For Unisys: No sign, no lease?

To suburban hi-tech firm Unisys, hanging two giant red logos on the face of Two Liberty Place would be a proud declaration of a new global headquarters.

To its new neighbors in the building's high-end condos, the proposed signs would be a garish advertisement too close to home.

For the city's Zoning Board of Adjustment, two hours was not nearly enough time for everyone to have their say yesterday. The board took no action on the signs, and another hearing will be scheduled, likely in September.

Unisys made its pitch with a corporate branding expert and an architectural historian, saying that the signs would be beacons to potential customers and employees, and that the company is adding to the city's economic health.

The 16-foot-tall signs, red letters against the bluish-gray windows, would be on the east and west sides of the building's 37th and 38th floors. Those floors, used for heating and cooling systems, are unoccupied.

George Thomas, of the local consulting firm Civic Visions LP, said the logos would be an "affirmation" of the city's health. He compared that to what he considered a small number of objections.

"Businesses don't go to places that are dying and try to put their names on them," said Thomas. "They go to places that are thriving. Are we going to allow eight people to kill major progress for the city? I mean, that's nuts."

Unisys signed a 15-year lease in December to rent 3 1/2 floors - about 7 percent of Two Liberty Place's floor space - and plans to move 225 employees from its headquarters in Blue Bell, Montgomery County, where 750 people now work. Jerald Goodman, an attorney for Unisys, told the board that the lease gives the company the right to ask the city for the signs but is not conditional on that request being approved.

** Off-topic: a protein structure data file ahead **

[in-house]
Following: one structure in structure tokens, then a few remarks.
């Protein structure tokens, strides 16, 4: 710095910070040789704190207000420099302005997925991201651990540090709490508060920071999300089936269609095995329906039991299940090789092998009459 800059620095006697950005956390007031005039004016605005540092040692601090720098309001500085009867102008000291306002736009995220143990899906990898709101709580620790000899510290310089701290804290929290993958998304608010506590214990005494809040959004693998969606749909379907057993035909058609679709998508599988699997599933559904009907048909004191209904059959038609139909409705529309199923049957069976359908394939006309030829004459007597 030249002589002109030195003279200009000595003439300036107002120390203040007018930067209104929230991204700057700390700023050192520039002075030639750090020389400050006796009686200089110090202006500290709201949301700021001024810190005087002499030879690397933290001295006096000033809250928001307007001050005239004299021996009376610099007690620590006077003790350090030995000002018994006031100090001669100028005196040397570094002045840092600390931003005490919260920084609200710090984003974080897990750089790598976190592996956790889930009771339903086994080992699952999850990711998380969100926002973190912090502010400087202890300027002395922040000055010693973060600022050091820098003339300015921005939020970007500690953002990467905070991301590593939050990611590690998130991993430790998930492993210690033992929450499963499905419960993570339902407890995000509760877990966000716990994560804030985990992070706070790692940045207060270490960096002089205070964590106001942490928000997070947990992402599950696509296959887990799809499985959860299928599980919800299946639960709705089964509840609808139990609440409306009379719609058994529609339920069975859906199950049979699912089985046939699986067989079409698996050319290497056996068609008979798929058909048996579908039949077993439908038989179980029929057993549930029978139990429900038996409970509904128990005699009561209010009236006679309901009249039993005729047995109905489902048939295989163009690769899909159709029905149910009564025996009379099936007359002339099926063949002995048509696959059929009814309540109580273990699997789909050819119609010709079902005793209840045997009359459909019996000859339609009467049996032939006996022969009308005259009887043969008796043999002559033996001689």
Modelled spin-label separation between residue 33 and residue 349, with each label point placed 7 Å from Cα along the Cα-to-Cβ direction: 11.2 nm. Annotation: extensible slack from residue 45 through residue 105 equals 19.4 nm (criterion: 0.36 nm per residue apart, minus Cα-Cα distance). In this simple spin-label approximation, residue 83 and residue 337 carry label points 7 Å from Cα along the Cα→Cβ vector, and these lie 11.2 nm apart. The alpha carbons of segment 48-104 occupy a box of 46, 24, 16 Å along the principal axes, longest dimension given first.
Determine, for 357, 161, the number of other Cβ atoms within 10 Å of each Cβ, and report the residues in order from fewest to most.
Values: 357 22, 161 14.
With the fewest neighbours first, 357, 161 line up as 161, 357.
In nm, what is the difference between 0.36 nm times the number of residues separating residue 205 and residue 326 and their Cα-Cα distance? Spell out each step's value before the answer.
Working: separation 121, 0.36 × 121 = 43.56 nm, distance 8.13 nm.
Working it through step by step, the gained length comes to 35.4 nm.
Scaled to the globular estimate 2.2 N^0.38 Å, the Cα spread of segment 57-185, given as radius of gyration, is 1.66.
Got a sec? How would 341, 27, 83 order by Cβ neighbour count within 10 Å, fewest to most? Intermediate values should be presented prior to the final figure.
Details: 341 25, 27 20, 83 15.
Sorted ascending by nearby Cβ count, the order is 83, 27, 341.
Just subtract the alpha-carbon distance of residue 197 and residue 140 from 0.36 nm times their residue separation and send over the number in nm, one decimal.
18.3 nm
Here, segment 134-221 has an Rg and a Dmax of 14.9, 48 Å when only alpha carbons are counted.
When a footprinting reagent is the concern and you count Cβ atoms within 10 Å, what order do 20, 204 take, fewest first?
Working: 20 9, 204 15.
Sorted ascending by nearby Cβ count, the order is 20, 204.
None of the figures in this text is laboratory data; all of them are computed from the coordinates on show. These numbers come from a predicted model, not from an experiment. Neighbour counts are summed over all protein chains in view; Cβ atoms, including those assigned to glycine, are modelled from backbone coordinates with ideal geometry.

Unisys spokesman Brian Daly said that his company would "need to re-evaluate" its move if the signs are not approved. Daly said Unisys considered several factors when deciding on Center City.

"The right to display the corporate logo was one of them," Daly said. "It's not the only factor, but it's a very important one."

The Residences at Two Liberty Place LP, the company that runs the condo operation, filed a federal lawsuit in March, saying that Unisys had failed to get the required approval of the residents for exterior signs.

Shanon Levin, an attorney for the condo company, declined to comment yesterday because she has not yet had a chance to make her case to the zoning board.

The condo residents are being supported by the Society Created to Reduce Urban Blight, which has long fought against billboards and other signs in the city. SCRUB executive director Mary Tracy said Unisys should not be able to disregard other tenants in the building. She also worries that zoning approval would set a precedent for other companies to demand signs on skyscrapers.

"Do we prostitute our visual space in order to lure them here?" Tracy asked. "I don't really think our visual aspects should be on the table as a bargaining chip." *